POTUS podium

      January 3, 2013

      WhiteHouse.gov http://www.whitehouse.gov/live

      7:00 PM ET
      Vice President Biden and Dr Jill Biden attend an event with the Congressional Hispanic Caucus Institute to welcome new members.
      Washington DC

      —-

      ABC News http://abcnews.go.com/Live/

      12:00 AM ET
      The House convenes on the first day of the 113th Congress.

      12:00 AM ET
      Vice President Biden administers the Oath of Office to newly elected and re-elected senators in the Well of the Senate.

      —-

      CSPAN http://www.cspan.org/

      12:00 AM ET
      The House convenes on the first day of the 113th Congress.

      12:00 PM ET
      Vice President Biden administers the Oath of Office to newly elected and re-elected senators in the Well of the Senate.

  2. CR says:

    The 113th Congress

    The One Hundred Thirteenth United States Congress is the legislative body of the United States federal government to be sworn in in January, 2013. It reflects the results of the 2012 Senate elections and the 2012 House elections. The seats in the House will be apportioned based on the 2010 United States Census. It is scheduled to meet in Washington, D.C. from January 3, 2013 to January 3, 2015, during the fifth and sixth years of Barack Obama’s Presidency. Senators elected to regular terms in 2008 will be in the last two years of those terms during this Congress. This will be the first Congress elected from congressional districts that were apportioned based on the 2010 census. At its outset, this Congress will have 43 African American members (all but 1 in the House of Representatives), a record high number of female (100) and LGBT (7) members, and one member of the Kennedy family returning to elective federal office after a brief pause from public service from the family.

    Source: http://en.wikipedia.org/wiki/113th_Congress

    • CR says:

      10 facts about 10 new members of Congress

      12/27/12 By NCC Staff | National Constitution Center

      Which new member of the House is a former reindeer farmer? Who is the biggest new Tea Party name in the Senate? Here’s a look at 10 new members of Congress with unique backgrounds.

      The 113th Congress is sworn in on January 3, 2013, and it’s a diverse bunch.

      There will be 90 new members of Congress to start the New Year, with 13 new senators and 67 representatives making their appearances in Washington.

      The biggest names are in the Senate, with a superstar of the left and of the right getting top billing.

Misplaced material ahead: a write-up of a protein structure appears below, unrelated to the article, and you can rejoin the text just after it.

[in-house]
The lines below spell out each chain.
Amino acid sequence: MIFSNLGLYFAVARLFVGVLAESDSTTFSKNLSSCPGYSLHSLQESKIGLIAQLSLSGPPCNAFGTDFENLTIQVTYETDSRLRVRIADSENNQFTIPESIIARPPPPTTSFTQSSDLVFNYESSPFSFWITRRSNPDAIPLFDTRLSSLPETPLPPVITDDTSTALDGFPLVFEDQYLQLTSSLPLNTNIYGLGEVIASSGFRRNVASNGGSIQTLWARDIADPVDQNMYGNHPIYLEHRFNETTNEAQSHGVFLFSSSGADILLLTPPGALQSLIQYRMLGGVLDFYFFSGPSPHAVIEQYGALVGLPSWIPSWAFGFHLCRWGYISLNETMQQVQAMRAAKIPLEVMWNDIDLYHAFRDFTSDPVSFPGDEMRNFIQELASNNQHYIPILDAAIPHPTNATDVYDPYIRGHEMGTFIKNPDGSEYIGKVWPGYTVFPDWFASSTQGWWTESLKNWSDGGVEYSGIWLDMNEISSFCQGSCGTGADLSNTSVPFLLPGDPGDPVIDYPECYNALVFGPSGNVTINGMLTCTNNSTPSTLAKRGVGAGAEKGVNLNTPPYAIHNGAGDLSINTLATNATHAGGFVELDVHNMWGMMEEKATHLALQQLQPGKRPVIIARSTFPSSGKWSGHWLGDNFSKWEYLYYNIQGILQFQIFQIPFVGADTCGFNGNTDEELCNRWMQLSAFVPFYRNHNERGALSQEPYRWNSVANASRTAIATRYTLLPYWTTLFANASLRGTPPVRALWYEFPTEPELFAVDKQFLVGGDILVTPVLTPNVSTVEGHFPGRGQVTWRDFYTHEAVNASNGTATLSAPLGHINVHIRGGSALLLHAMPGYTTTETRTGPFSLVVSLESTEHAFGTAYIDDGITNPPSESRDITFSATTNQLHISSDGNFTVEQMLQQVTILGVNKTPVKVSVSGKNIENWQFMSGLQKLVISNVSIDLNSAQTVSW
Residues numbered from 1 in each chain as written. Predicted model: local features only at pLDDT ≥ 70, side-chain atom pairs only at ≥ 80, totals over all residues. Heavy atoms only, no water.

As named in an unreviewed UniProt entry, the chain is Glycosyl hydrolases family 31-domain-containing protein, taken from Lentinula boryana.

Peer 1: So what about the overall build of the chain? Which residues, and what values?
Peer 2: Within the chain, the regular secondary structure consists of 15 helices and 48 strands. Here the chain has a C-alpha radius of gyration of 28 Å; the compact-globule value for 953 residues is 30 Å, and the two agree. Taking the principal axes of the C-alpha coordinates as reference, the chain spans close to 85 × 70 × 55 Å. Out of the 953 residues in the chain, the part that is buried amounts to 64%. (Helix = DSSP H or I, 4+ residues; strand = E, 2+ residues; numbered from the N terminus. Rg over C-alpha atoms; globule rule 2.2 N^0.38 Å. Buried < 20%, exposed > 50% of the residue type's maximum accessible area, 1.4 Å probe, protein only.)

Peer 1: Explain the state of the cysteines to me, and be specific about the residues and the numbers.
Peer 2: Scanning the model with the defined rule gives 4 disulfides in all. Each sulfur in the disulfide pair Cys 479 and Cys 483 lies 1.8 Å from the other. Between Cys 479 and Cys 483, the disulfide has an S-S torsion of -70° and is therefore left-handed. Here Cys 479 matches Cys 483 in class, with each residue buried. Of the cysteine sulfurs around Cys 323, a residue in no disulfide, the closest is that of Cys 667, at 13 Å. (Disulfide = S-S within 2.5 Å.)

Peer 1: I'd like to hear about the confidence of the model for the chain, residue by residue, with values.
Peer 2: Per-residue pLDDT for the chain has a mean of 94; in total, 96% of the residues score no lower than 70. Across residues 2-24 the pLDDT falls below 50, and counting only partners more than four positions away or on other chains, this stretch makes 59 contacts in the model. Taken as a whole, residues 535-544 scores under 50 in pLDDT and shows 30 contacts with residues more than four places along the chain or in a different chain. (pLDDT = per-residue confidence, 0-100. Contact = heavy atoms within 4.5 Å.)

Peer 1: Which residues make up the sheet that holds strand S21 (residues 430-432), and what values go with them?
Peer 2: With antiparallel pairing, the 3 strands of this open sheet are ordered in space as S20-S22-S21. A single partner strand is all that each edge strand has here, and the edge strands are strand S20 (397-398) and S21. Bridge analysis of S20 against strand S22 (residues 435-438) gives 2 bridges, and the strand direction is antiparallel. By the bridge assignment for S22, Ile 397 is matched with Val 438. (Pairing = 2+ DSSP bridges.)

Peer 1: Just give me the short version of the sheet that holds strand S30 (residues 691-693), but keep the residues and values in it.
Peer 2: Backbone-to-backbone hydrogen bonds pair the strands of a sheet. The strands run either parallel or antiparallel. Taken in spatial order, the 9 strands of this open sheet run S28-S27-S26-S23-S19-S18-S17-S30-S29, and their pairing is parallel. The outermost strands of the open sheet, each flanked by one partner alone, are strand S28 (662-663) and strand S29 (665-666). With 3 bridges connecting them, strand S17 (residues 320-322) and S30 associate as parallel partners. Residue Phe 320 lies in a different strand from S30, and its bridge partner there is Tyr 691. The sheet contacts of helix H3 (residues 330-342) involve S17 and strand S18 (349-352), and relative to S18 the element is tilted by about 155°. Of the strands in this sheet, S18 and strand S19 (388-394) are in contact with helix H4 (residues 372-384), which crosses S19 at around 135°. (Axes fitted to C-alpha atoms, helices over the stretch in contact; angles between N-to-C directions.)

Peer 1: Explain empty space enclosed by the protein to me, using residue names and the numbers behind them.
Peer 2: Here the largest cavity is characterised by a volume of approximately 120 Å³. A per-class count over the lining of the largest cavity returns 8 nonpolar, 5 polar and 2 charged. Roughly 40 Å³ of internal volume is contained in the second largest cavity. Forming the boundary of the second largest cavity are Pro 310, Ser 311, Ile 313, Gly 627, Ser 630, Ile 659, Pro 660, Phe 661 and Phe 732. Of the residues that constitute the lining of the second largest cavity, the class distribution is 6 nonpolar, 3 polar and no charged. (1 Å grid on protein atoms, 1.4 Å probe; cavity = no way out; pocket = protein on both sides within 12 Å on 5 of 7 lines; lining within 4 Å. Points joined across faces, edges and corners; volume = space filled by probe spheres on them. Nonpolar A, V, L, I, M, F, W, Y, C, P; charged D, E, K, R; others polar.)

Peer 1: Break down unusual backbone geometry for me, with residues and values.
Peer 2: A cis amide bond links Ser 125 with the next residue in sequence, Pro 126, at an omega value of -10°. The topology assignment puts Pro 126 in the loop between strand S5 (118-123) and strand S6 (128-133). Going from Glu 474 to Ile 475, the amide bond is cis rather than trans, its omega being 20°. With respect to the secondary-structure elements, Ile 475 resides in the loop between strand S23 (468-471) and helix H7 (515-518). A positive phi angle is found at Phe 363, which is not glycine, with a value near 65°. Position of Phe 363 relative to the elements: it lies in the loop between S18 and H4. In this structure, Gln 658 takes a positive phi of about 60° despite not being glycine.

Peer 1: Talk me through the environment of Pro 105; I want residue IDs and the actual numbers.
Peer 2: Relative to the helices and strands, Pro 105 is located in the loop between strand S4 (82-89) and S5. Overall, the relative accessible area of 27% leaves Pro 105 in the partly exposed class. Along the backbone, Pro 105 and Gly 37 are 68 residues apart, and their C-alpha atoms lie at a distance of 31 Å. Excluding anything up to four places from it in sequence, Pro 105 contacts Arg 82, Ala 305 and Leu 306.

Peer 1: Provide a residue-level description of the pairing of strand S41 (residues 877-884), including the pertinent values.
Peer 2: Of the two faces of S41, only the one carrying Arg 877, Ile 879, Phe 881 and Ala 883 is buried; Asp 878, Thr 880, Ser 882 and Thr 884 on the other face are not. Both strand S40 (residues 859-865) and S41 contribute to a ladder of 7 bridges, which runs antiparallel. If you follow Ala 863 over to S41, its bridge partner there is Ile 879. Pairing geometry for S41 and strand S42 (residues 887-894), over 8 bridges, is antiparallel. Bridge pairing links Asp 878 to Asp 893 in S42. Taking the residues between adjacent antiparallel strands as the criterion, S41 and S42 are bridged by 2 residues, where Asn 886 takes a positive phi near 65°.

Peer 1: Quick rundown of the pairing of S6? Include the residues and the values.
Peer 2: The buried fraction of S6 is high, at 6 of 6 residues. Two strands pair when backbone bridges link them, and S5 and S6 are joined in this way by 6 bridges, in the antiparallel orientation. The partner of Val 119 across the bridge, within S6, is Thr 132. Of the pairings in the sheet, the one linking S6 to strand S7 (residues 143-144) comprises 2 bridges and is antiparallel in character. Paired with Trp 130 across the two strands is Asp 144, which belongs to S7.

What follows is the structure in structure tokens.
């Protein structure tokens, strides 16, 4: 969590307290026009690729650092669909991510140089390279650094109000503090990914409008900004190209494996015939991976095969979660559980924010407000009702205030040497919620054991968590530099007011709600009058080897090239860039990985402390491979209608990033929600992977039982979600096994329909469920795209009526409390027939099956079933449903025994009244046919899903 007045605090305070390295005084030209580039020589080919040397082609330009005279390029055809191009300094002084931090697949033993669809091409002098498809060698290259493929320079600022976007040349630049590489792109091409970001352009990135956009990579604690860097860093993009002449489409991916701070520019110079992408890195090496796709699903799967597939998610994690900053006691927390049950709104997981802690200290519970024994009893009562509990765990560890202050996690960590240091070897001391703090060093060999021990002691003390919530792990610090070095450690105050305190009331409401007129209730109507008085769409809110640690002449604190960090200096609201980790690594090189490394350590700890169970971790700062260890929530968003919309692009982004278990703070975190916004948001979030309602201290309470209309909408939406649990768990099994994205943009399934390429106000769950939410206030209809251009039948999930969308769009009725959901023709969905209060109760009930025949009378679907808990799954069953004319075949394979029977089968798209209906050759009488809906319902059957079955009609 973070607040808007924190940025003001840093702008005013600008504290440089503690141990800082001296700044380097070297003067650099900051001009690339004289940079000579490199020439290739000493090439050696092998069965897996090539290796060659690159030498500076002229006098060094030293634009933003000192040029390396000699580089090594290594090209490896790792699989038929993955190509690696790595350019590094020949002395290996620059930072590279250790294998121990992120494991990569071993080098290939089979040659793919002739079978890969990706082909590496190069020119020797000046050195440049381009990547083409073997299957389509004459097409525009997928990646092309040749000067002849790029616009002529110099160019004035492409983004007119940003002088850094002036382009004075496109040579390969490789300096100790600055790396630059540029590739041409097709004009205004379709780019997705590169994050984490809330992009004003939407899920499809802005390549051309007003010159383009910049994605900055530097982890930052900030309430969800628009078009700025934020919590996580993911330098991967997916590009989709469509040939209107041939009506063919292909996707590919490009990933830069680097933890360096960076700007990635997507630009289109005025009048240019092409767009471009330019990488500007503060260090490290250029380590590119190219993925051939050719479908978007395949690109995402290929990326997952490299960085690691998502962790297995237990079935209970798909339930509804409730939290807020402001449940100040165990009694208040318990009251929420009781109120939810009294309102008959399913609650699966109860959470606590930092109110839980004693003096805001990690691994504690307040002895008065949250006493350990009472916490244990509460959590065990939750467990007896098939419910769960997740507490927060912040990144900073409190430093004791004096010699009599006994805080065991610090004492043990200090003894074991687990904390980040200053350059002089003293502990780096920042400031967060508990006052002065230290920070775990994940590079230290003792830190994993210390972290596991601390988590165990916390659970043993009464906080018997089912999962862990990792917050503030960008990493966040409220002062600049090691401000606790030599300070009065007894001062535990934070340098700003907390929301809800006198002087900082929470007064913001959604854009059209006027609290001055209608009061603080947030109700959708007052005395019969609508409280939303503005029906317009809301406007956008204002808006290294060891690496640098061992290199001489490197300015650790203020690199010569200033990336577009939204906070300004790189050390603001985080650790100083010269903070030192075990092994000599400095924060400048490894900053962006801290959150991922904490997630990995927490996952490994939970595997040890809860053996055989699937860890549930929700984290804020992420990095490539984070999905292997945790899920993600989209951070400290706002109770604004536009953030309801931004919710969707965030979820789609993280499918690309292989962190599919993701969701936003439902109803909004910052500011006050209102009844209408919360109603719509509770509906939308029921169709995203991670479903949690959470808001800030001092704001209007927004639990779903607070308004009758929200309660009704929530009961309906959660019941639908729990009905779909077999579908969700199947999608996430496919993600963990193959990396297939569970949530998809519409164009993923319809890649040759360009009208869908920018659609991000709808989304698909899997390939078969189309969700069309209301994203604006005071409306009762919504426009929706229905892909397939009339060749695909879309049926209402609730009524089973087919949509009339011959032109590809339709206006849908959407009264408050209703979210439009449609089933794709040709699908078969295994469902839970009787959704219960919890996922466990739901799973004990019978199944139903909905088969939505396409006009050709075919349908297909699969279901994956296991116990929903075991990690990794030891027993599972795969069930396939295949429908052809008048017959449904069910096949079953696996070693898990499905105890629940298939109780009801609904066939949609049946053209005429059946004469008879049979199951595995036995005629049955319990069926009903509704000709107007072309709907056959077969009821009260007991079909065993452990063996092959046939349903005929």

Elizabeth Warren defeated Scott Brown in Massachusetts in one of the most publicized races in 2012. Warren is seen as a new leader of the left, but the former Harvard Law professor was a Republican until 1995.

      Ted Cruz is already being talked about as a 2016 presidential contender, even before he sets foot on the Senate floor. The Republican from Texas has Tea Party roots. He has also argued nine cases in front of the U.S. Supreme Court.

      Tammy Baldwin is another high-profile name from the 2012 election making her Senate debut. Baldwin served 14 years in the House and is the first openly gay candidate elected to the Senate.

      Maine’s new senator, Angus King, isn’t a Democrat or a Republican. King is a former governor who ran as an independent candidate in 2012.Since the 1980s, King has been involved with alternative energy products.

      And Deb Fischer, the new senator for Nebraska, has a hands-on business background. She’s been in the ranching business since the 1970s, which could come in handy if votes need to be wrangled on the Senate floor.

      The House has some interesting new members, including that professional reindeer farmer.

      Kerry Bentivolio from Michigan is a newcomer to politics. Yes, he has reindeer and has worked as a Santa Claus portrayer, as well as a school teacher and engineer. He replaces Thaddeus McCotter in the House.

      A better-known name is Joseph P. Kennedy III of Massachusetts. Just 32 years of age, Kennedy is the son of Joseph P. Kennedy II and the grandson of Robert Kennedy. He will represent Massachusetts’s 4th congressional district.

      Florida’s Ted Yoho will represent the state’s 3rd district in Congress. Yoho’s career prior to politics was being a large-animal veterinarian and he used a grass-roots campaign to defeat incumbent Cliff Stearns in a primary.

      And there will be two doctors in the House – literally. Dr. Ami Bera will represent California’s 7th district. He is the former chief medical officer for Sacramento County. Raul Ruiz, also of California, has three graduate degrees from Harvard and has worked as an ER doctor in the past.

      • CR says:

        Senate Swears in a Historic 20 Female Senators